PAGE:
The speed of technological innovations in the 21st Century is clearly accelerating. New technologies and advancements are driving the translation industry today as they are in all facets of our society.
When reviewing medical translation, it is important to understand market forces, relationships and technologies which are altering the status quo in the translation industry in general.
Discussions for the last decade have revolved around the possibility of machine-aka computer-translation taking over the industry. Can our wireless devices and laptops accurately translate material from one language to another? Will it require constant updating of new language data and will it effectively control translation memories? Who will scrutinize these changes-professionals and academics who are immersed in the material on a daily basis or will words and concepts be monitored by computer techies who have no prior knowledge of the subject at hand?
These questions take on even greater importance in the field of medicine. With health care, for example, with its highly technical and scientific nature, proper translation can be a matter of life and death. An incorrect interpretation of a medical condition and a recommendation for treatment must be 100% accurate. For pharmaceutical manufacturers and medical device makers who bring new products to the market and must present promotional and regulatory materials, correct translation takes on an even greater significance.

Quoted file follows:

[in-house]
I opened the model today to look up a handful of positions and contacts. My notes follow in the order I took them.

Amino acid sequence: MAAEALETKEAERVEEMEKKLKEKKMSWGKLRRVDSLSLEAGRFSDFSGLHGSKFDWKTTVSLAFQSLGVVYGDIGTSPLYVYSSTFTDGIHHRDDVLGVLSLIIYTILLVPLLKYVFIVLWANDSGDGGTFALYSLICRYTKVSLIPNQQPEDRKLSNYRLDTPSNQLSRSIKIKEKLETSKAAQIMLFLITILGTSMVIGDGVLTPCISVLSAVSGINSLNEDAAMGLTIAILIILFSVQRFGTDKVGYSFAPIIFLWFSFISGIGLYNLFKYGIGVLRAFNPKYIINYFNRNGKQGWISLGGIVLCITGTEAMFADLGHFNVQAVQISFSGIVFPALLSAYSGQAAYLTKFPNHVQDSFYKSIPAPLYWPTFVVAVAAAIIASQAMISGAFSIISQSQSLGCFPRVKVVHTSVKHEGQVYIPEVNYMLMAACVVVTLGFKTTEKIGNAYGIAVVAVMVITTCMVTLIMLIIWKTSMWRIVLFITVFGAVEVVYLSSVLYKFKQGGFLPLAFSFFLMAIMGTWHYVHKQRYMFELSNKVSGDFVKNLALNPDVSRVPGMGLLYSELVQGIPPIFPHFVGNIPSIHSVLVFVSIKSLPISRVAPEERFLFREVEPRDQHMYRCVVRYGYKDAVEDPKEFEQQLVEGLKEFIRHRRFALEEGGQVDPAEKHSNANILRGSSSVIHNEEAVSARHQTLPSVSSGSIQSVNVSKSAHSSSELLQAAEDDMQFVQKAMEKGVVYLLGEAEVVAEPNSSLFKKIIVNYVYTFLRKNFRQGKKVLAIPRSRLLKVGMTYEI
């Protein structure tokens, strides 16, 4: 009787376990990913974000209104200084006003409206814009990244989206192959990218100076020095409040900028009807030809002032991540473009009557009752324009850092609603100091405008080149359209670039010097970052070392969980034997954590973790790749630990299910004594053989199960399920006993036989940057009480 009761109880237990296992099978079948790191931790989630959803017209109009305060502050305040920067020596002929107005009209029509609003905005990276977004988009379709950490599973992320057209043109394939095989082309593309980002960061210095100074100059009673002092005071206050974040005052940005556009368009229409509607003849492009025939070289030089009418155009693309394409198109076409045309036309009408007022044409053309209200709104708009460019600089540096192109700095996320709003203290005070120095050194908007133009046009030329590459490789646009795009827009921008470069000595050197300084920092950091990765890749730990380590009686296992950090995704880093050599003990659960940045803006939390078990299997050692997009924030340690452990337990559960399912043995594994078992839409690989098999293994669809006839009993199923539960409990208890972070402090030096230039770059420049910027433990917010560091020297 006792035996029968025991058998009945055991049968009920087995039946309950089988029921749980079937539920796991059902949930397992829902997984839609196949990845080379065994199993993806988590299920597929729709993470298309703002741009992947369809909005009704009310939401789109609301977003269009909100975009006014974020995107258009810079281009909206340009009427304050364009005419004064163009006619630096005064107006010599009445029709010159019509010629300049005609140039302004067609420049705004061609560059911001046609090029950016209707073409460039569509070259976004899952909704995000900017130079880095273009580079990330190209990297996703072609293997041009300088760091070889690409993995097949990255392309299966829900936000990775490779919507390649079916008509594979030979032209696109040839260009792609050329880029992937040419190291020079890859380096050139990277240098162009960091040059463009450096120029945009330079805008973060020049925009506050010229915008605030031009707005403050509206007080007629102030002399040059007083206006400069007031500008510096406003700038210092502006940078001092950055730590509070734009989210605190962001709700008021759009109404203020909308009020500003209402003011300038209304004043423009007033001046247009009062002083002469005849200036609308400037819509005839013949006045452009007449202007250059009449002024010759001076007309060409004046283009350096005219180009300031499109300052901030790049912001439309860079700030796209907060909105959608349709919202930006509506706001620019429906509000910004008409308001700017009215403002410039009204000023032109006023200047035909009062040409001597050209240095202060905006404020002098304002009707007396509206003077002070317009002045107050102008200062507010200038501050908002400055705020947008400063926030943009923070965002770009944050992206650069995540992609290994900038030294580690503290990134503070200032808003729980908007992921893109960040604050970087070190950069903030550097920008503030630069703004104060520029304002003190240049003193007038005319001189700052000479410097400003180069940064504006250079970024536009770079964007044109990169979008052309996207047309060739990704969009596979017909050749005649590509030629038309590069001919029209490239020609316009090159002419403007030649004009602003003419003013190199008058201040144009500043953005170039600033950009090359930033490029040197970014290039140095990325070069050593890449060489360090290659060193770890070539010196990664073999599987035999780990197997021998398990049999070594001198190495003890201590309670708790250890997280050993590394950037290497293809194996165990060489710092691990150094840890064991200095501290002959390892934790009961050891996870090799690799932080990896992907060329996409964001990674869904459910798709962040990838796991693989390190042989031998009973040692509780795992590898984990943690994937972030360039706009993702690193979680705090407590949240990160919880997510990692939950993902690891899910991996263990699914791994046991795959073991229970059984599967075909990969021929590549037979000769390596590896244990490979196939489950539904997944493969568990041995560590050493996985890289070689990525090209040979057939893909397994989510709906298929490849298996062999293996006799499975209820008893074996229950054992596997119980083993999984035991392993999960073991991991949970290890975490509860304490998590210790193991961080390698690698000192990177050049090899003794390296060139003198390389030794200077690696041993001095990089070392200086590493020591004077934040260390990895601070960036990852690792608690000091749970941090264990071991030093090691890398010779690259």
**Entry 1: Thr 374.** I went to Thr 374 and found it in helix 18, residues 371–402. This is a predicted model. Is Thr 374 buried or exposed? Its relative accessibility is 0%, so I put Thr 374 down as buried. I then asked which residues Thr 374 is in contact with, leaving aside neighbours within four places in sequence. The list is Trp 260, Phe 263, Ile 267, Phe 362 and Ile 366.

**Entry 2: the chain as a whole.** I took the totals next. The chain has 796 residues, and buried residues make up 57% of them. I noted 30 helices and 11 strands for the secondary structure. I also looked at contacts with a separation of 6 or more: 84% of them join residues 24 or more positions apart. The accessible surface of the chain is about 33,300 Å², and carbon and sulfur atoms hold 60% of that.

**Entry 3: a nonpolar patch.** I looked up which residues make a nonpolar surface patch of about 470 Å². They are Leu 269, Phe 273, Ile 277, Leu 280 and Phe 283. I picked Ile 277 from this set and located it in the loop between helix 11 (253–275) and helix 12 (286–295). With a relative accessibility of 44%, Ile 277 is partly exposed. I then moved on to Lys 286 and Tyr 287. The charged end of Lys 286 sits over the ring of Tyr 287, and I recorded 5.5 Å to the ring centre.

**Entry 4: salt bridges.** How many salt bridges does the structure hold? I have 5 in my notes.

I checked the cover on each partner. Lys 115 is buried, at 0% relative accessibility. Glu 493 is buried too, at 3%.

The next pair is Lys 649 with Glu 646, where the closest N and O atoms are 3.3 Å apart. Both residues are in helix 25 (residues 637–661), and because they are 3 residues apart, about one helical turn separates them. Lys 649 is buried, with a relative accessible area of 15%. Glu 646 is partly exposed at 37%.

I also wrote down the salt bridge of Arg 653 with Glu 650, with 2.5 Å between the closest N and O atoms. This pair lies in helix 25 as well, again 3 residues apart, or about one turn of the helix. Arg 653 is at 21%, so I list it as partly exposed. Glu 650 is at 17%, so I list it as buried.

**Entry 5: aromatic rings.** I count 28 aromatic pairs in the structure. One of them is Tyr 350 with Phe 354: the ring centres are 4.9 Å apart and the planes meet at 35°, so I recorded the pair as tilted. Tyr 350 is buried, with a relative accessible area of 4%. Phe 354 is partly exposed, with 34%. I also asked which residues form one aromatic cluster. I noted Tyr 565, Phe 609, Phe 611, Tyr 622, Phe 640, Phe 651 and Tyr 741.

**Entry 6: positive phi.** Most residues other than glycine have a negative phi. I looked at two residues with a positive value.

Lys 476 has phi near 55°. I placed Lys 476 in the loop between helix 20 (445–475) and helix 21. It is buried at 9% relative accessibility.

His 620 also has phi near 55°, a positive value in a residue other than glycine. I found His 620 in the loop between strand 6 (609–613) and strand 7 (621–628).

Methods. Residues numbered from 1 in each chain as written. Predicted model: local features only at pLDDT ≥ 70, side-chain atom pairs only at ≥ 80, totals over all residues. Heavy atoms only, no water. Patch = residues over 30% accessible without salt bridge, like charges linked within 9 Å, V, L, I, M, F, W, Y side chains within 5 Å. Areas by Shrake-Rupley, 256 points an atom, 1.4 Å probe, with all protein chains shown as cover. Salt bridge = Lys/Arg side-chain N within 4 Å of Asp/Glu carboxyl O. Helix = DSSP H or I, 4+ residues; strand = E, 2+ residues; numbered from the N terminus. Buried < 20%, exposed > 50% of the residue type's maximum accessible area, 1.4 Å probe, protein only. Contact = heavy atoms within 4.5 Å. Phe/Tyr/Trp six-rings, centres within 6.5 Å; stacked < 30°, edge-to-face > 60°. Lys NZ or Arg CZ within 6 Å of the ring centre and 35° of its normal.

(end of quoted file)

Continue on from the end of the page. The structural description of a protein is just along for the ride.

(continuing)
When journals and other texts provided by medical companies, healthcare providers, drug companies and other health personnel are distributed to other countries or when medical records of international travelers are shared among physicians in different countries, there is simply no room for incorrect translations.
It is known that Israel is a leader in medical technology and research. For this reason they always use a proffesional Hebrew medical translation service in order to make sure that the medical docummentation is up to par. Many Eupopean countries follow this example in order to impover their logs and journal at an international level.
What is certain, however, is that information dissemination is growing explosively, and translation machines are making inroads into the core business of language. With the shift towards multimedia content and mobile devices, and the increasing pressure to deliver content on a real-time basis, we can anticipate changes in the field of medical translation in cost, time and quality.